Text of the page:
Plaintiff filed a complaint with this Court on February 17, 2004 claiming to receive the EEOC decision on November 22, 2003. He additionally filed an application to proceed in forma pauperis, which this Court denied on April 13, 2004. The case was terminated because Plaintiff failed to pay the filing fee, but reactivated on May 4, 2004, after Plaintiff paid the fee.
Plaintiff's brought his action pursuant to Title VII of the Civil Rights Act of 1964, as amended, for employment discrimination. He claims that the USPS failed to make him whole according to the back pay settlement, failed to make a provision for an Unemployment Insurance offset which had to be prepaid and failed to award proper overtime compensation during the period in which he was improperly removed. Plaintiff alleged that the USPS's conduct was discriminatory as retaliation for his prior EEO involvement in 1993.
Defendant subsequently brought a motion to dismiss Plaintiff's Complaint. Plaintiff did not submit any opposition to Defendant's motion. For the following reasons, the court grants Defendant's motion.
Defendant offers three theories as to why this case should be dismissed. He first claims that the action must be dismissed because of untimely and ineffective service of process, and consequently, a lack of personal jurisdiction. In addition, Defendant asserts that the Complaint fails to state a claim upon which relief can be granted. Finally, he states that Plaintiff failed to exhaust his administrative remedies for challenging an arbitration award.
Defendant's 12(b)(5) Motions to Dismiss
Federal Rule of Civil Procedure 12(b)(5) allows a party to move for a dismissal based upon the pleader's "insufficiency of service of process." Fed. R. Civ. P. 12(b)(5). Rule 4(c)(1) requires the plaintiff to serve his adversary with a summons and a copy of the complaint within the time allowed under Rule 4(m). Fed. R. Civ. P. 4(c)(1). Rule 4(m) states:
If service of the summons and complaint is not made upon a defendant within 120 days after the filing of the complaint, the court, upon motion or on its own initiative after notice to the plaintiff, shall dismiss the action without prejudice as to that defendant or direct that service be effected within a specified time; provided that if the plaintiff shows good cause for the failure, the court shall extend the time for service for an appropriate period.
Fed. R. Civ. P. 4(m). Additionally, Rule 4(i) provides for service on the United States when an officer or agent of the United States is sued in his "official capacity." Fed. R. Civ. P. 4(i). Further, 4(i)(1) specifies that the United States is served:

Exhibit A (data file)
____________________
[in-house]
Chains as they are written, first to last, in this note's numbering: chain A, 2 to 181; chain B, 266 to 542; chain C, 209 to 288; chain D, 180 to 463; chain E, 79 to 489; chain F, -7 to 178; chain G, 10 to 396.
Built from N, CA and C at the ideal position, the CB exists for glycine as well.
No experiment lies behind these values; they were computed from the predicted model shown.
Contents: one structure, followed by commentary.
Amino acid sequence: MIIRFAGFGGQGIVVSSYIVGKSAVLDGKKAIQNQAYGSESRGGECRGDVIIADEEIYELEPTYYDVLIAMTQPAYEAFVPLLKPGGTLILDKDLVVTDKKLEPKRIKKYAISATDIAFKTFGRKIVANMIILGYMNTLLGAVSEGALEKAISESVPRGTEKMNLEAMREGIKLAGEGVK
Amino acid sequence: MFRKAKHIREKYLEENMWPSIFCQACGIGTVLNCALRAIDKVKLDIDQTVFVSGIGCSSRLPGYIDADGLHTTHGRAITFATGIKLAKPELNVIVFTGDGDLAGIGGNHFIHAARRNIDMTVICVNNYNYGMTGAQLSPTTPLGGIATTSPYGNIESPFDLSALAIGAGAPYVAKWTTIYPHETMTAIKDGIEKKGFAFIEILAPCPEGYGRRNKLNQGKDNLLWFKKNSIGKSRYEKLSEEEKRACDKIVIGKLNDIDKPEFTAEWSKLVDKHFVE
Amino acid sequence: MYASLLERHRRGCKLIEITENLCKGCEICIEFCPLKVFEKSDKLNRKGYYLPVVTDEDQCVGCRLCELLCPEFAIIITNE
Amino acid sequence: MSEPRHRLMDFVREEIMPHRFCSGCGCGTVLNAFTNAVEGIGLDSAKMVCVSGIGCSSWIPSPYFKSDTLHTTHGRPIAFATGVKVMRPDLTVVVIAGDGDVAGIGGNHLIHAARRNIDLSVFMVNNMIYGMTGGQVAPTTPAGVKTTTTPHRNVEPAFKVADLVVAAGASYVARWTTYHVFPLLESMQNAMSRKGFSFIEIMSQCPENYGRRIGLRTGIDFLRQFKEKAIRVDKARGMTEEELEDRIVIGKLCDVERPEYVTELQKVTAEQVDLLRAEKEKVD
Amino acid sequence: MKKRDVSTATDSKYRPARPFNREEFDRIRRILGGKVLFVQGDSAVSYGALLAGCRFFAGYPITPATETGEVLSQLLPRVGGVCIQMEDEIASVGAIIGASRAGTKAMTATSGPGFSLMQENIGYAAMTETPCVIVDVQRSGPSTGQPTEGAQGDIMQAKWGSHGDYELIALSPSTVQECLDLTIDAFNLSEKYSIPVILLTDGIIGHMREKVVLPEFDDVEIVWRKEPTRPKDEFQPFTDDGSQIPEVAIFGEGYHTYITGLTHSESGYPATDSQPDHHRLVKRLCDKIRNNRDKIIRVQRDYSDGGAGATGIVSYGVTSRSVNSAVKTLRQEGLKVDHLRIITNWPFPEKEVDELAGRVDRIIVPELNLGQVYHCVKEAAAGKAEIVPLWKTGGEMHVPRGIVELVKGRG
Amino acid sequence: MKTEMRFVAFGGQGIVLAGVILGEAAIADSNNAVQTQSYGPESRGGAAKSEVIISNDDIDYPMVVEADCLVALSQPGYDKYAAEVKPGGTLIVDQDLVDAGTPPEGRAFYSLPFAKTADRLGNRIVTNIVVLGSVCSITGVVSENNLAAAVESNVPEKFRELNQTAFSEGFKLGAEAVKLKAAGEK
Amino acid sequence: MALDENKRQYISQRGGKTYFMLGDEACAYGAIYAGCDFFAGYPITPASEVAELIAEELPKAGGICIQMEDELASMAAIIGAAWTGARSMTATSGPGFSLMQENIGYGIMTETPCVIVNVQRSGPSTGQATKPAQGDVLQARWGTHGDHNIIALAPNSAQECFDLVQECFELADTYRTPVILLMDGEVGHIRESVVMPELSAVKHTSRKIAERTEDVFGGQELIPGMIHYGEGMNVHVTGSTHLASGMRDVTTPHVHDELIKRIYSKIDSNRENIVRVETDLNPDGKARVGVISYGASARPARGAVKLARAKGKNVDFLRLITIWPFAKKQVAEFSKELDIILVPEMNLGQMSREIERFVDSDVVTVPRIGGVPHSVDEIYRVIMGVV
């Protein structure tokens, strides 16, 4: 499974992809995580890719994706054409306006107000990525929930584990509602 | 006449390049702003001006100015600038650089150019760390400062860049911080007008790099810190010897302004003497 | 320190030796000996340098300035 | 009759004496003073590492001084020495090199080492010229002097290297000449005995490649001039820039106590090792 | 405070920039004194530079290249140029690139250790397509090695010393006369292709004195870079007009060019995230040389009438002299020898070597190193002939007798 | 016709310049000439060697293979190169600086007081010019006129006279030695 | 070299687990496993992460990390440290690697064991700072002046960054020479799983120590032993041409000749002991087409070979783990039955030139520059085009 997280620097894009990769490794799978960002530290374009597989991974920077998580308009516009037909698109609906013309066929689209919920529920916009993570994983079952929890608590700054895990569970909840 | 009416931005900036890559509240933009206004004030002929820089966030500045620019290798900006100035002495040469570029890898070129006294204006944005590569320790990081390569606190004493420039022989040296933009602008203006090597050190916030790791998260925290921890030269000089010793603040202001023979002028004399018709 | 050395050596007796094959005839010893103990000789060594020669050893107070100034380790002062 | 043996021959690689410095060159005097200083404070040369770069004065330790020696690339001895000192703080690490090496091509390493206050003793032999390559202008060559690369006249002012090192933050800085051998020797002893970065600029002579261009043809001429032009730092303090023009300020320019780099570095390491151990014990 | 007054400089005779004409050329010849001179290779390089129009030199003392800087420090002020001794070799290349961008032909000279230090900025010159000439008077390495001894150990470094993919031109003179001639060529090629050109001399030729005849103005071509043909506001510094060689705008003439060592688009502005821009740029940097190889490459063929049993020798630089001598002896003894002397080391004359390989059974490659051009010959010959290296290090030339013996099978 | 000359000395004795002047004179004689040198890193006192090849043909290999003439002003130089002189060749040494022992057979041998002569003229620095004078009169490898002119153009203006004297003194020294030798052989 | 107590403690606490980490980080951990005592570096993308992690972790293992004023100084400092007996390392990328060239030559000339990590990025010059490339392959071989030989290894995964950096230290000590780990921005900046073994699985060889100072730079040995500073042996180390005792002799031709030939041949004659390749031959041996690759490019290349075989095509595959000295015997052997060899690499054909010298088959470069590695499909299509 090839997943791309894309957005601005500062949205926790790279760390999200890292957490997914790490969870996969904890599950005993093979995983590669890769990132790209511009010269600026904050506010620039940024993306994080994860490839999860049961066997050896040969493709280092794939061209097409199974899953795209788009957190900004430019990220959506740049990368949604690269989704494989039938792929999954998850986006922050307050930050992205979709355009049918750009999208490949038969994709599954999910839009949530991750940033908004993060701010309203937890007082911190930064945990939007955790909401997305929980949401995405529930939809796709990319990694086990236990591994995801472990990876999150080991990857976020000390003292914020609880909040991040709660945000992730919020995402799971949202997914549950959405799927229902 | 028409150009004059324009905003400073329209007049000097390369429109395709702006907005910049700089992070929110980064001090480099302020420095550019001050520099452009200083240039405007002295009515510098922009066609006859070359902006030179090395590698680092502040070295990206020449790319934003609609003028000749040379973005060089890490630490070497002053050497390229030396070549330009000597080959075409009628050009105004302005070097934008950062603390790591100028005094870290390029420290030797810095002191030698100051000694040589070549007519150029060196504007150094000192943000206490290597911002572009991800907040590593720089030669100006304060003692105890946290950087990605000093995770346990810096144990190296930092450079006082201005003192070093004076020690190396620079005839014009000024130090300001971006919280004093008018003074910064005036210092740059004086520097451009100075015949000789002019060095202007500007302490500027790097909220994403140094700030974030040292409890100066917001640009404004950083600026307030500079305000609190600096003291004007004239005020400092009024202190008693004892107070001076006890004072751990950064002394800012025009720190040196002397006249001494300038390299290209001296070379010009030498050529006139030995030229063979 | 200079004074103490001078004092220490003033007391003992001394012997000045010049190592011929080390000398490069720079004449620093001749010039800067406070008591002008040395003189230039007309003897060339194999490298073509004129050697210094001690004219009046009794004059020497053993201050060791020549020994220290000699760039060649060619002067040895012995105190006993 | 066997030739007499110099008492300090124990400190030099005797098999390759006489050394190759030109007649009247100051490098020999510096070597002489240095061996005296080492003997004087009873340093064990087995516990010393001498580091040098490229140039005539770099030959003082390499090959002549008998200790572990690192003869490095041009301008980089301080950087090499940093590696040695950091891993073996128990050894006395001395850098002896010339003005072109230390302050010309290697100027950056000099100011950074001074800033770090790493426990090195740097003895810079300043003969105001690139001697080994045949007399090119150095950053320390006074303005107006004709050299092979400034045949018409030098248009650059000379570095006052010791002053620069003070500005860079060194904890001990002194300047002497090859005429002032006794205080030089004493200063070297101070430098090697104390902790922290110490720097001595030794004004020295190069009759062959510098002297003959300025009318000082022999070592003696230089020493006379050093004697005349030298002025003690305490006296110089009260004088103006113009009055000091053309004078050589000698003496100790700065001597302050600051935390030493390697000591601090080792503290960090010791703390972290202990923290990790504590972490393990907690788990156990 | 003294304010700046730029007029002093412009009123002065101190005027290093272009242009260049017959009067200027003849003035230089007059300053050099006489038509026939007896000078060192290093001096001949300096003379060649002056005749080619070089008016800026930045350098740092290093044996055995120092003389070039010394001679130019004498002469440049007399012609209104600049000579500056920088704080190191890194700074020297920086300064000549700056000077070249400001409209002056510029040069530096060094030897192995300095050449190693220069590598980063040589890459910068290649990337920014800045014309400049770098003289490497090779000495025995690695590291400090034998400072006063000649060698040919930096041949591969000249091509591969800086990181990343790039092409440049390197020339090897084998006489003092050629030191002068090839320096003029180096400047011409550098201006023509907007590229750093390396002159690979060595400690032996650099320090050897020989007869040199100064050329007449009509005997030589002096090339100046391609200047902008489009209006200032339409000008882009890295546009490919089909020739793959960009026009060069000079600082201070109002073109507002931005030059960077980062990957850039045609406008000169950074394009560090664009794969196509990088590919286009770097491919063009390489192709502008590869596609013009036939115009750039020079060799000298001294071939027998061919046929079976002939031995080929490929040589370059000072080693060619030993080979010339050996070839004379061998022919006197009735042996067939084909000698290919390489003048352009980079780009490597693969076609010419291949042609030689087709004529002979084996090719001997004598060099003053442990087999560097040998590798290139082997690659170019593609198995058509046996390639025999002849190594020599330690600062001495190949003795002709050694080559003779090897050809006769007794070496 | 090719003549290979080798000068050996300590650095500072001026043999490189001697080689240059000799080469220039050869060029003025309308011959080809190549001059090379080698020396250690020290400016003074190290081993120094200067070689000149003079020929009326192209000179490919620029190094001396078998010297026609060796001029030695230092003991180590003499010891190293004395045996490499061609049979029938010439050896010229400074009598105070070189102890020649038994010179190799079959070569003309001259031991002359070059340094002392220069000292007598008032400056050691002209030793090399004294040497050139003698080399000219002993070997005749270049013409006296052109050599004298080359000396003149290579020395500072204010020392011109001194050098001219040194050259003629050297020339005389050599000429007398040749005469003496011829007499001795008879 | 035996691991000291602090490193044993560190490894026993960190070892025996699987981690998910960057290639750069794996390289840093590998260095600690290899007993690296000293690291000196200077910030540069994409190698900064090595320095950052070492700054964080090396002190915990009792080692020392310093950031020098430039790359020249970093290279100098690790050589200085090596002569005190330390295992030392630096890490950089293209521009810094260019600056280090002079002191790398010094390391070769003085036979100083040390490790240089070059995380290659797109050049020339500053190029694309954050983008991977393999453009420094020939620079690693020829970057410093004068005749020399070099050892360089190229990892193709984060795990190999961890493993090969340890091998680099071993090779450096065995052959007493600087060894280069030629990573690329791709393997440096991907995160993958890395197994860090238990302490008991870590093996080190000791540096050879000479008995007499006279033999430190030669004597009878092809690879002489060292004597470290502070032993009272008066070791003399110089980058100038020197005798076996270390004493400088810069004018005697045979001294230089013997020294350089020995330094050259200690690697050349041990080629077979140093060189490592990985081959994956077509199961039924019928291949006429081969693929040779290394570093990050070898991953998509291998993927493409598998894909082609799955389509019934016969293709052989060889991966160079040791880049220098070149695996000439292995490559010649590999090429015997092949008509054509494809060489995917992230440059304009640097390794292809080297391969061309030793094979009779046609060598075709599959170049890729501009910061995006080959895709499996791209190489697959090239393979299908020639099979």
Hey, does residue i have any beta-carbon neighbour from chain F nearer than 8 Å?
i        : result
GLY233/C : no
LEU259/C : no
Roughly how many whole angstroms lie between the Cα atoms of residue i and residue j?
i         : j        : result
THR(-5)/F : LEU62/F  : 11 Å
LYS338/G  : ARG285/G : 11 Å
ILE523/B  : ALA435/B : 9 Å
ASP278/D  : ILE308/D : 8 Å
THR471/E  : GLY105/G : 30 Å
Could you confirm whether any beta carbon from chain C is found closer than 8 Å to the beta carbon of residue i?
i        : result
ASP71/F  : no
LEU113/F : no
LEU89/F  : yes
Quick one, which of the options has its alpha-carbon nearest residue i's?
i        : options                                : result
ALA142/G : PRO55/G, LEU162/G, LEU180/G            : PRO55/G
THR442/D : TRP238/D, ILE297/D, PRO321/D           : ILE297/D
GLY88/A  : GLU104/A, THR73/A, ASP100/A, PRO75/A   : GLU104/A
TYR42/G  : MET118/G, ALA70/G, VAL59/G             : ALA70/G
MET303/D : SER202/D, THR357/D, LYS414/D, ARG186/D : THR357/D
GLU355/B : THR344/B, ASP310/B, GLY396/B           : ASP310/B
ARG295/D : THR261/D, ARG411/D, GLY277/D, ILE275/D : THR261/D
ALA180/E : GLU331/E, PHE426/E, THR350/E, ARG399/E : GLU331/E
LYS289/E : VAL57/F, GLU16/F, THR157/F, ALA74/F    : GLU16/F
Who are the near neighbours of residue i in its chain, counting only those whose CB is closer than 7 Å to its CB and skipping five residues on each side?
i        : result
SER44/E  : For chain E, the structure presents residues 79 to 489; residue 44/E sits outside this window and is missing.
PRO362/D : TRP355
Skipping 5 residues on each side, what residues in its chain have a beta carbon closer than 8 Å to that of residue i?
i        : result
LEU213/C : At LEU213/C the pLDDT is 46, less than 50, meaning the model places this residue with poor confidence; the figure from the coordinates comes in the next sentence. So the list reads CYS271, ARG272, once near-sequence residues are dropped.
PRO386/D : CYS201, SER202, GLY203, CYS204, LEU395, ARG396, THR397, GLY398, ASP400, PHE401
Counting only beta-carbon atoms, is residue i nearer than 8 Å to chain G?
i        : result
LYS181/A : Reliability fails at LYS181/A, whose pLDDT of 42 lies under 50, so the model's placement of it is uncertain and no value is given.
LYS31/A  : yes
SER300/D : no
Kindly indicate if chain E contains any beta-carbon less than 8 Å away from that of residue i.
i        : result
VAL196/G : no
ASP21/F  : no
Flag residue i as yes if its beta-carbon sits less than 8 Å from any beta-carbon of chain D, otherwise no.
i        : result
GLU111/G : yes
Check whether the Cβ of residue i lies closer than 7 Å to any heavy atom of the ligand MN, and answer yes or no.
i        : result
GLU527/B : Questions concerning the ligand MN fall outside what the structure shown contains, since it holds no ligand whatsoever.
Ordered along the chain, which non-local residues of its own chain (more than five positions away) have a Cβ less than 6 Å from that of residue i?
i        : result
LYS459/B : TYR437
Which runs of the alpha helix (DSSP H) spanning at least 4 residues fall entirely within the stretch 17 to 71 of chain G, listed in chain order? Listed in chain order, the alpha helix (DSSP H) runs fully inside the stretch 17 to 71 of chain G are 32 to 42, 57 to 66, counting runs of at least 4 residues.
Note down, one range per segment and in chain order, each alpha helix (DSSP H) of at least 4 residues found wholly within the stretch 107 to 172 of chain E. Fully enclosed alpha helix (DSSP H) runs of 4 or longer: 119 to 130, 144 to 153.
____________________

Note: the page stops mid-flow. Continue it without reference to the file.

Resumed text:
by delivering a copy of the summons and the complaint to the United States attorney for the district in which the action is brought . . . and by also sending a copy of the summons and the complaint by registered or certified mail to the Attorney General of the United States at Washington, District of Columbia, and . . . by also sending a copy of the summons and of the complaint by registered or certified mail to the officer or agency.
Fed. R. Civ. P. 4(i)(1).
Plaintiff's Complaint was filed on February 17, 2004. On July 20, 2004, a Summons was issued for the Postmaster General ("Postmaster") and mailed to Plaintiff. On December 21, 2004, the Clerk docketed a letter from Plaintiff requesting that default be entered against Defendant for failing to respond to the Complaint. The Court then issued a Summons to the United States Attorney for the District of New Jersey on February 3, 2005 and Plaintiff filed an executed Summons on February 4, 2005, reflecting that the Postmaster had been served on August 27, 2004. On February 9, 2005, Plaintiff served a Summons and Complaint by mail on the United States Attorney and on February 16, 2005 filed the executed Summons with the Court.
Under Rule 4, Plaintiff had to serve a Summons and a copy of the Complaint to Defendant Postmaster, the United States Attorney for the District of New Jersey, and the Attorney General of the United States within 120 days of February 17, 2004. Therefore, Plaintiff was required to serve the Summons and Complaint by June 17, 2004. Service is improper if any of the three are not served. Peters v. Agents for International Monetary Fund, 918 F. Supp. 309, 311 (C.D. Cal. 1995). Plaintiff did not serve the Summons on Defendant Postmaster until August 27, 2004. He also served a Summons and Complaint on the United States Attorney for the District of New Jersey on February 9, 2005, almost a full year after the Complaint was filed. This Court must grant Defendant's motion to dismiss for improper service because Plaintiff failed to serve any party within the requisite 120 days, in addition to failing to serve the Attorney General at all.
Moreover, the Court must also dismiss Plaintiff's complaint under Fed. R. Civ. P. 12(b)(2) for lack of personal jurisdiction. Fed. R. Civ. P. 12(b)(2). "Proper service is still a prerequisite to personal jurisdiction." Grand Entertainment Group, Ltd. v. Star Media Sales, Inc., 988 F.2d 476, 492 (3d Cir. 1993). Therefore, since the Court lacks personal jurisdiction over this matter the Court will not review Defendant's final arguments for dismissal. Plaintiff's Complaint is dismissed.
For the reasons set forth above, the Court hereby ORDERS that Defendant's motion to dismiss is GRANTED without prejudice.
William G. Bassler, U.S.D.J.